Your code is very unclear and not organized - this is why it's hard to know what help you exactly need. anyway i suggest you use mysqli_fetch_object cause then you can access your fields directly. but first you have to check if $row is not null so make if($row){//your code...} – Adidi Mar 20 '13 at 23:17

You have a few problems.

  1. $con is declared outside the class, and is thus not available inside the class. You need to pass it into the class (the better option), or specify it as a global (the quick+dirty option).

  2. mysqli_fetch_row(mysqli_query($con,'...'))
    This code is obviously converted directly from your old mysql_xx() code, but it's not great.

    You're ignoring any possible error condition that is returned by mysqli_query(). This means that if it fails, it'll pass false into the mysqli_fetch_row() function, which will then fail with a meaningless error expects parameter 1 to be mysqli_result, rather than actually telling you what the error was in the query.

    The thing is, because of my first point above, with $con not being set, mysqli_query() is failing, and this is why you're getting the error in mysqli_fetch_row().

    Ideally, you should split this code out into multiple lines. Call mysqli_query() on its own, then do some error checking, then call mysqli_fetch_row() only once you know that the query actually worked.

Hope that helps explain what the problems are here. Solve those two points, and you should be well on the way to sorting the whole thing out.

Once you've got rid of those fatal errors, you should also take time to work on the problem that your code is vulnerable to SQL injection attacks. You're currently passing your $_GET variables directly into the query strings without any sanitisation. This will make your system very fragile and easy to hack. You should consider using Parameterised Queries, which is a feature of the mysqli library designed to make it easier to deal with variables in SQL queries in a safe and secure way.

share|improve this answer
1. Take this code and remove the class structure. Then in call_user_func. Change MYsql::$func to just $func. Errors are without the class structure present. I forgot to remove it before uploading .. sorry. 2. The mysqli_query and mysqli_fetch_row were also elongated before. And did so again to check they still return the need for mysqli_result. See link and look at best answer - call_user_func. – Esoterica Mar 20 '13 at 20:53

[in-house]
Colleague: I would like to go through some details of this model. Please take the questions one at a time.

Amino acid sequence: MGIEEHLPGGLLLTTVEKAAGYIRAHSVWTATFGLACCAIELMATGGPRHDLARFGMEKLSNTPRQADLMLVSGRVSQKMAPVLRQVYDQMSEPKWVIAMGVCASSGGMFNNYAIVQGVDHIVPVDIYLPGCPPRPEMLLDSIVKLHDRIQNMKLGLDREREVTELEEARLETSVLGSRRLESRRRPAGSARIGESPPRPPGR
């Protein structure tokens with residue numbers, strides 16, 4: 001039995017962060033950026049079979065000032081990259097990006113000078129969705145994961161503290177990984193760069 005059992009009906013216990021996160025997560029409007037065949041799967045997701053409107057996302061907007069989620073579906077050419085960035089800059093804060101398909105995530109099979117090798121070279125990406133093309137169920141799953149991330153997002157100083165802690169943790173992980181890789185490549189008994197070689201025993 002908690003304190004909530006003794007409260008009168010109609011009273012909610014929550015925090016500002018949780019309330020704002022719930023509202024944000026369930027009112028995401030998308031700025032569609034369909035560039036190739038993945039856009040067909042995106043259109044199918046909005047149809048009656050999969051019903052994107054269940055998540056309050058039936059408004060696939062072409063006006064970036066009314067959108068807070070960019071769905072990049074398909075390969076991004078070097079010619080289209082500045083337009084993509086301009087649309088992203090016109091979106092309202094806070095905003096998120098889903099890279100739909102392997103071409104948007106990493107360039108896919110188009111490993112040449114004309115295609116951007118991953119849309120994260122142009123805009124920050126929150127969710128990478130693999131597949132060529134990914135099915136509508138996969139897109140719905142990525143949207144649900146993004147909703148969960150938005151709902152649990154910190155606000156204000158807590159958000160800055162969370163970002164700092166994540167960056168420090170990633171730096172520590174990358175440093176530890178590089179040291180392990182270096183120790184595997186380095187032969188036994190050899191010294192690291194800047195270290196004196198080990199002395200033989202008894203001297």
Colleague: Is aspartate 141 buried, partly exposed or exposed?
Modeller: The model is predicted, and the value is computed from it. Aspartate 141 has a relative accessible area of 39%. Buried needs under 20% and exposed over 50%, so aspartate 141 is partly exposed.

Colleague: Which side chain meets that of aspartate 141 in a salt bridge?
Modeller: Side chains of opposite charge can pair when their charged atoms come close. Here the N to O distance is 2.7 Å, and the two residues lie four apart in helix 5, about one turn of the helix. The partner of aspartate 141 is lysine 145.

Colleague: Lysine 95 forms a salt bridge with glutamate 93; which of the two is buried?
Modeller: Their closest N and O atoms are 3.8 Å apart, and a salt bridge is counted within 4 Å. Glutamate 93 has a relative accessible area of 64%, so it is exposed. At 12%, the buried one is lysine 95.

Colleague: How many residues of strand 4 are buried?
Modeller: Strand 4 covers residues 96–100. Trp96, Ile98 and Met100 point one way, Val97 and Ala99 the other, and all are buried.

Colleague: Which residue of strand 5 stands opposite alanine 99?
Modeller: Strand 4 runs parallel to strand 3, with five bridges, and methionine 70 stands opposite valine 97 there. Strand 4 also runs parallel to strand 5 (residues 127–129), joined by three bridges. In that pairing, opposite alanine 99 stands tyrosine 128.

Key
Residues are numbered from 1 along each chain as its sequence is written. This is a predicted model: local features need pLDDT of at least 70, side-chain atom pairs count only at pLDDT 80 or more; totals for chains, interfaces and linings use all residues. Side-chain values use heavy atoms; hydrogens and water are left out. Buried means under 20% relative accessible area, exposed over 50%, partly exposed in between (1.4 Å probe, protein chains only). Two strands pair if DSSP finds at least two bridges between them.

$sql = "SELECT test_table.points FROM test_table WHERE test_table.key = '" . $key . "'"; $query = mysqli_query($con, $sql); $row = mysqli_fetch_row($query); Shows it still wanting mysqli_result. And have yet to figure how to handle that. In mysql it never needed me to submit anything more than what I had. In mysqli it requires it. – Esoterica Mar 20 '13 at 21:01
Pushing $con into write function to test, along with its close. The code now works like it did in mysql. The odd bit is mysql never complained about $con being outside the function, then being called into it. The error had nothing to do now with mysqli_fetch_row or mysqli_query(). It was $con all along. So now will look for ways to keep $con how I have it. Outside the function. And call it as a global within it. Strangely enough looking through what you wrote and me playing around helped. So thanks. Could you suggest good ways to call $con as global. As it is now in my script. – Esoterica Mar 20 '13 at 22:13

Your class is pointless at the moment, perhaps stick to writing imperative style code as it will at least be cleaner.

At the moment, you should pass $con to your MYsql class to use itself as a resource, not try to access it as a global variable.

Your are not filtering your user's input either, this is dangerous and could lead to SQL injection attacks on your site.

I'd encourage you to read through these two articles, and once you grok them, I'd also encourage you to simply switch to using PDO with prepared statements. This will stop SQL injection attacks that your code currently allows.

http://net.tutsplus.com/tutorials/php/pdo-vs-mysqli-which-should-you-use/ http://net.tutsplus.com/tutorials/php/why-you-should-be-using-phps-pdo-for-database-access/

share|improve this answer
Class is only pointless because you only see a segment of it. Do not judge the effectivity of it based on segmentation. Stick to whats being shown. Another php I have is handling error checks, filterings and the like. I will however, be looking at PDO. – Esoterica Mar 20 '13 at 22:29
@Dan if you don't show complete, self-sufficient code (and if not- clearly label it as such!) then don't blame me for observing such! I am not a wizard that always knows when you are showing me a complete solution or not! I can only comment on what is shown. – Ivo Mar 21 '13 at 0:14